Republican Gov. Larry Hogan highlighted his ability to work with Democrats and said he's "fed up" with politics during his second television ad of the primary season.
Republican Gov. Larry Hogan will launch his second television ad of the primary season on Wednesday, declaring himself “completely fed up with politics as usual” during a 30-second spot designed to highlight his ability to work with Maryland Democrats.
The popular incumbent faces no GOP primary challenger, but the crowded field of Democrats jockeying to challenge him in November have been taking jabs at his tenure. Hogan has launched a $1.3 million effort to protect his record on the airwaves.
Hogan’s new ad, called “The Aisle,” features footage of Hogan smiling and back-slapping with the Democratic presiding officers of the General Assembly, Senate President Thomas V. Mike Miller and House Speaker Michael E. Busch, and posing with Baltimore’s Democratic Mayor Catherine Pugh.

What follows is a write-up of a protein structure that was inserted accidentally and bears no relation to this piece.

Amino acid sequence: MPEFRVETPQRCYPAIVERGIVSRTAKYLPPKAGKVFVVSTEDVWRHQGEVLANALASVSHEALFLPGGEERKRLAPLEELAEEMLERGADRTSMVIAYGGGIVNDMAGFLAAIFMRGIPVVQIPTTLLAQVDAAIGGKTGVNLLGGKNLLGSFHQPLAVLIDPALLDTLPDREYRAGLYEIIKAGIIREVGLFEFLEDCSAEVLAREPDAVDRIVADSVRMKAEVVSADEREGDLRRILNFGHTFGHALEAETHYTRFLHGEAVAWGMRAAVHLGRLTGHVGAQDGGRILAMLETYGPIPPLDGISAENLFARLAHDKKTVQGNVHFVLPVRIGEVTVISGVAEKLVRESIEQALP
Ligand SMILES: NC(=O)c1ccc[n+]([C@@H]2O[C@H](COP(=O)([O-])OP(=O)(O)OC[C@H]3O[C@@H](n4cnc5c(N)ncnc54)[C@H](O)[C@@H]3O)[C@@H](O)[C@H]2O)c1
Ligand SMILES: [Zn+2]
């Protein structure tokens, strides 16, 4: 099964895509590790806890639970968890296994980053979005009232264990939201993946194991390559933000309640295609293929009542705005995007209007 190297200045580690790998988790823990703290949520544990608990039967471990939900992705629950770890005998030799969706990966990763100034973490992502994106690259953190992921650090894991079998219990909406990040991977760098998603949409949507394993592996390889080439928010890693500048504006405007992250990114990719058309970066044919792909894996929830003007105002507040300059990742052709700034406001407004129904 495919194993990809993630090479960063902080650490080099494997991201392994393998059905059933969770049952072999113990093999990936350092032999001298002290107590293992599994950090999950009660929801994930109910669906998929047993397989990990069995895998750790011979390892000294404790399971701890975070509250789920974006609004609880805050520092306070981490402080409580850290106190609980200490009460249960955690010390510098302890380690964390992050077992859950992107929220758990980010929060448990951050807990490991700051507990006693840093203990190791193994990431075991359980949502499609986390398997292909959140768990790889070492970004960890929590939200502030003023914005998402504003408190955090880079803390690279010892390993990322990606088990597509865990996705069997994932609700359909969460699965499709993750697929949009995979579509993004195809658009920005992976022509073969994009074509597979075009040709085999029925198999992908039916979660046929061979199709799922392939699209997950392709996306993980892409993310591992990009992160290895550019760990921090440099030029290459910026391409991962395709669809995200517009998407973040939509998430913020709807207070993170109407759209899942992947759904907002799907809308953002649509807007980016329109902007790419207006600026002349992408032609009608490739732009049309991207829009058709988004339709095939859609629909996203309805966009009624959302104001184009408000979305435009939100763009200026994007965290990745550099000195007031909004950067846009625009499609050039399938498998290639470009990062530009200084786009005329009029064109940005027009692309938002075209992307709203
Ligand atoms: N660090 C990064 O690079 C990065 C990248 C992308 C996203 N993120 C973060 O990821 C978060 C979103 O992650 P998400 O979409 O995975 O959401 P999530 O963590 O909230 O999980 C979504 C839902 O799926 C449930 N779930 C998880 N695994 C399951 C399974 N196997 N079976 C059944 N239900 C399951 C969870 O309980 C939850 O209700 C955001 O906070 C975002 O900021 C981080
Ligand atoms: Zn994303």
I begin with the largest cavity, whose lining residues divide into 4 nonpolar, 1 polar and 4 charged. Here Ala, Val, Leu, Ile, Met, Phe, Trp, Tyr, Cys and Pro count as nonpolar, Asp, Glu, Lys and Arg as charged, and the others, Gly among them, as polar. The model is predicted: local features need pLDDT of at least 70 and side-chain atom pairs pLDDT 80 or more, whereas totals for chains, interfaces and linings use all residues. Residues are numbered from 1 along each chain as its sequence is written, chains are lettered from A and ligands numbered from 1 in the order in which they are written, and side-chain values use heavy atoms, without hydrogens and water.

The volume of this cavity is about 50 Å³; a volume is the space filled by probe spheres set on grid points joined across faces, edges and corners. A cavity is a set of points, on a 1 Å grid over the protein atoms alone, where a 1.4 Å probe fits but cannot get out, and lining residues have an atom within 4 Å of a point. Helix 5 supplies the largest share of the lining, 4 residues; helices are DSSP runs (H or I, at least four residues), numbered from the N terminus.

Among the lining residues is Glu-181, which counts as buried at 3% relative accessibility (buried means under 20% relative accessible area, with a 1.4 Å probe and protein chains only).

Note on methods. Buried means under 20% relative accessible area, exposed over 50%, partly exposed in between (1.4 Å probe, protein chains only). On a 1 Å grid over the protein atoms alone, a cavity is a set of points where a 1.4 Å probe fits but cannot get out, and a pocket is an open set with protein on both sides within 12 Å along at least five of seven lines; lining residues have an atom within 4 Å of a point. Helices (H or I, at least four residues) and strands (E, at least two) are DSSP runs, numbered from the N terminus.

Popular Republican Gov. Larry Hogan launched his 2018 reelection campaign with a rally in Annapolis Saturday, telling supporters that if his job approval rating is so high among Maryland residents voters should give him a second term.
“We don’t always agree, but we respectfully agree to disagree, and we’re honest with each other,” Hogan says in the ad, which also features headlines from several local media outlets using the word “bipartisan.”
Hogan has demonstrated significant cross-party appeal, according to recent polls. In a Baltimore Sun-University of Baltimore poll released this week, about a quarter of Democrats said they planned to vote for him in the fall. Sixty percent of Democrats approved of the job he was doing.
Kathleen Matthews, chair of the Maryland Democratic Party, said this week that Democrats don’t fully understand the governor’s record. She pointed to several examples where Hogan embraced a Democratic policy idea only after it was clear the Democrat-dominated General Assembly was going to pass it anyway — free community college, a fracking ban and paid sick leave among them.
Hogan, meanwhile, has amassed more money than the entire field of nine Democratic candidates combined.